In lieu of an abstract, here is a brief excerpt of the content:

  • Daily Evangelism
  • James D. Houston (bio)

I have been trying to remember the name of this fellow I knew in college. I think it was Ferad. I have looked through the yearbook. His picture isn’t there. He didn’t belong to any clubs. He was an exchange student, a few years older than me. I will call him Ferad. He came from Iran but preferred his country’s older name. If you asked him where he lived he’d say, with pride, “I am a Jew from Persia.”

I once came upon him sitting alone in the sunlight, reading, on the steps outside our dormitory. In the moment before he noticed me behind him, I stood gazing at his cap, a small bowl of cloth held in place by coils of thick black hair that reached up around its edges. From above, you could see the pattern of intricate circles, some made of tiny squares, some made of triangles, rings of interwoven reds and blues and golds, all layered around a central wheel with eight spokes. Nowadays I would recognize its mandala pattern. Back then it held me for reasons I couldn’t fathom. The yarmulke had once belonged to his father, a devout man who lived in the city of Shiraz. His cap had the same beguiling design you see in Persian rugs.

The college was a small, private Christian school on the outskirts of Los Angeles, and I have often wondered what Ferad was doing there, having to contend with people like me, or the way I was in those days. They had a generous budget for foreign students. For a bright fellow like Ferad I suppose it meant a tuition stipend along with a chance to taste a bit of the wider world. I see now that he may well have felt safer in our midst than in the Moslem land he’d left behind. I’m just guessing. Though we talked about many things, we never talked about that.

For pocket money he worked two afternoons a week on the campus grounds crew. That’s how we got acquainted. Ordinarily I would not have chosen such a fellow for companionship. Not back then. But you learn things, working side by side. You can end up despising a person, or liking him more, for what his habits show you. Ferad was easy to be with. He knew how to move furniture and how to handle a hoe. He was comfortable with tools and knew something about plants. Whatever the job, he pitched right in, ready to do his share, though never compulsive about the tasks Shorty the supervisor would set before us. If Shorty had recently [End Page 127] walked away, Ferad might drop his rake and fall back onto the grass with his hands behind his head. On the job, by the way, he didn’t wear his yarmulke. He wore an aging fedora. Underneath its brim, his eyes would glow with merriment.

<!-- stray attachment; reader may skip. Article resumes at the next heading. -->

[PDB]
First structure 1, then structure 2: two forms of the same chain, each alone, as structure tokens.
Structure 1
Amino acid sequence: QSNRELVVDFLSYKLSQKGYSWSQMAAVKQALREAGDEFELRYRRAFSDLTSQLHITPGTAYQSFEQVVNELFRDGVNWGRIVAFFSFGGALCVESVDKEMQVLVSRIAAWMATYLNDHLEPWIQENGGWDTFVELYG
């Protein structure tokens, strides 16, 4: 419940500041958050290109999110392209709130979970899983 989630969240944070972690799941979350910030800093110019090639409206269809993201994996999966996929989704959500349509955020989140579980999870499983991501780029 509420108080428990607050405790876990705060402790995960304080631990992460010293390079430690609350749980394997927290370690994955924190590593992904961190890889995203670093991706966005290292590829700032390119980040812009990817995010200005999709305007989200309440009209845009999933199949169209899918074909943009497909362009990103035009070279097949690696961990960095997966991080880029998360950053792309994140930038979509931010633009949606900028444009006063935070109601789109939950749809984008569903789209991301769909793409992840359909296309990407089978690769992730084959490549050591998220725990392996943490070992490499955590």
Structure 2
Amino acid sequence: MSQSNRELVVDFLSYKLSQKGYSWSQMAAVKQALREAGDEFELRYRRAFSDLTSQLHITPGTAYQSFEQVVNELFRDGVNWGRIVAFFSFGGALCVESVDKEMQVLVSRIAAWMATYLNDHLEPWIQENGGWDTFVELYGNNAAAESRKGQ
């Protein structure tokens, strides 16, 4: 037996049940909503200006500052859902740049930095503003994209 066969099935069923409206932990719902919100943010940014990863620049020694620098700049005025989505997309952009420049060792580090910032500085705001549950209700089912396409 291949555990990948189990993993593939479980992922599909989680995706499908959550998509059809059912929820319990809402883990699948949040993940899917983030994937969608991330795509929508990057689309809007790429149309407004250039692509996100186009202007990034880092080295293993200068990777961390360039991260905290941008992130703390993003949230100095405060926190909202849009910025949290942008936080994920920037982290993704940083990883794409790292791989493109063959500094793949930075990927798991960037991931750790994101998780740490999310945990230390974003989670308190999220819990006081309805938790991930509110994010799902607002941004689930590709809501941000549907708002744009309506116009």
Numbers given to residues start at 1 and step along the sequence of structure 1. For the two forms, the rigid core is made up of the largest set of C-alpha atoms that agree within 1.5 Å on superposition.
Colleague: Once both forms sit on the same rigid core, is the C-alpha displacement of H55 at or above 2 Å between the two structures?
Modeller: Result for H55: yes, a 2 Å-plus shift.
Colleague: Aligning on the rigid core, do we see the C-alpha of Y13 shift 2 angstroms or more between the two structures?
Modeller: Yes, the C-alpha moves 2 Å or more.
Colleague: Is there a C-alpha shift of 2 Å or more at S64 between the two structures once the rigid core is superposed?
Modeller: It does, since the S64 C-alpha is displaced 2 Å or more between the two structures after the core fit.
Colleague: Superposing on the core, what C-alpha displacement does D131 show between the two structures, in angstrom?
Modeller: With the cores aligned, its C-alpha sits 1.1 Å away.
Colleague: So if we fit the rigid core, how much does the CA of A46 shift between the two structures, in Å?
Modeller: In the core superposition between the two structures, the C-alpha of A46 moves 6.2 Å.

“Isn’t this the life?” he would say. “Isn’t this the America we all have dreamed about?”

He’d make it funny and we’d laugh together, though I scarcely knew what he meant. I had no idea how America looked to him, or what it meant to be from Persia or from Iran or to be from anywhere. I had not traveled beyond the borders of the United States, nor had I strayed very far beyond the borders of my family’s way of seeing. Most of my relatives were guided by the words of the New Testament. Or said they were. Most everyone on that campus believed in Jesus. Or claimed to. I was among the believers. Or thought I was. Or thought I was supposed to be. There seemed no way around it. In the world of my youth you accepted the New Testament as the literal word of God and believed in Jesus as the one and only path to salvation.

That semester I had enrolled in four courses—Journalism 2, Psychology 2, Music Appreciation, and Daily Evangelism, taught by Brother Carvel Simkins, a working minister who had preached the gospel all across Oklahoma, Texas, and New...

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Additional Information

ISSN
1527-943x
Print ISSN
1045-7909
Pages
pp. 127-140
Launched on MUSE
2012-03-16
Open Access
No
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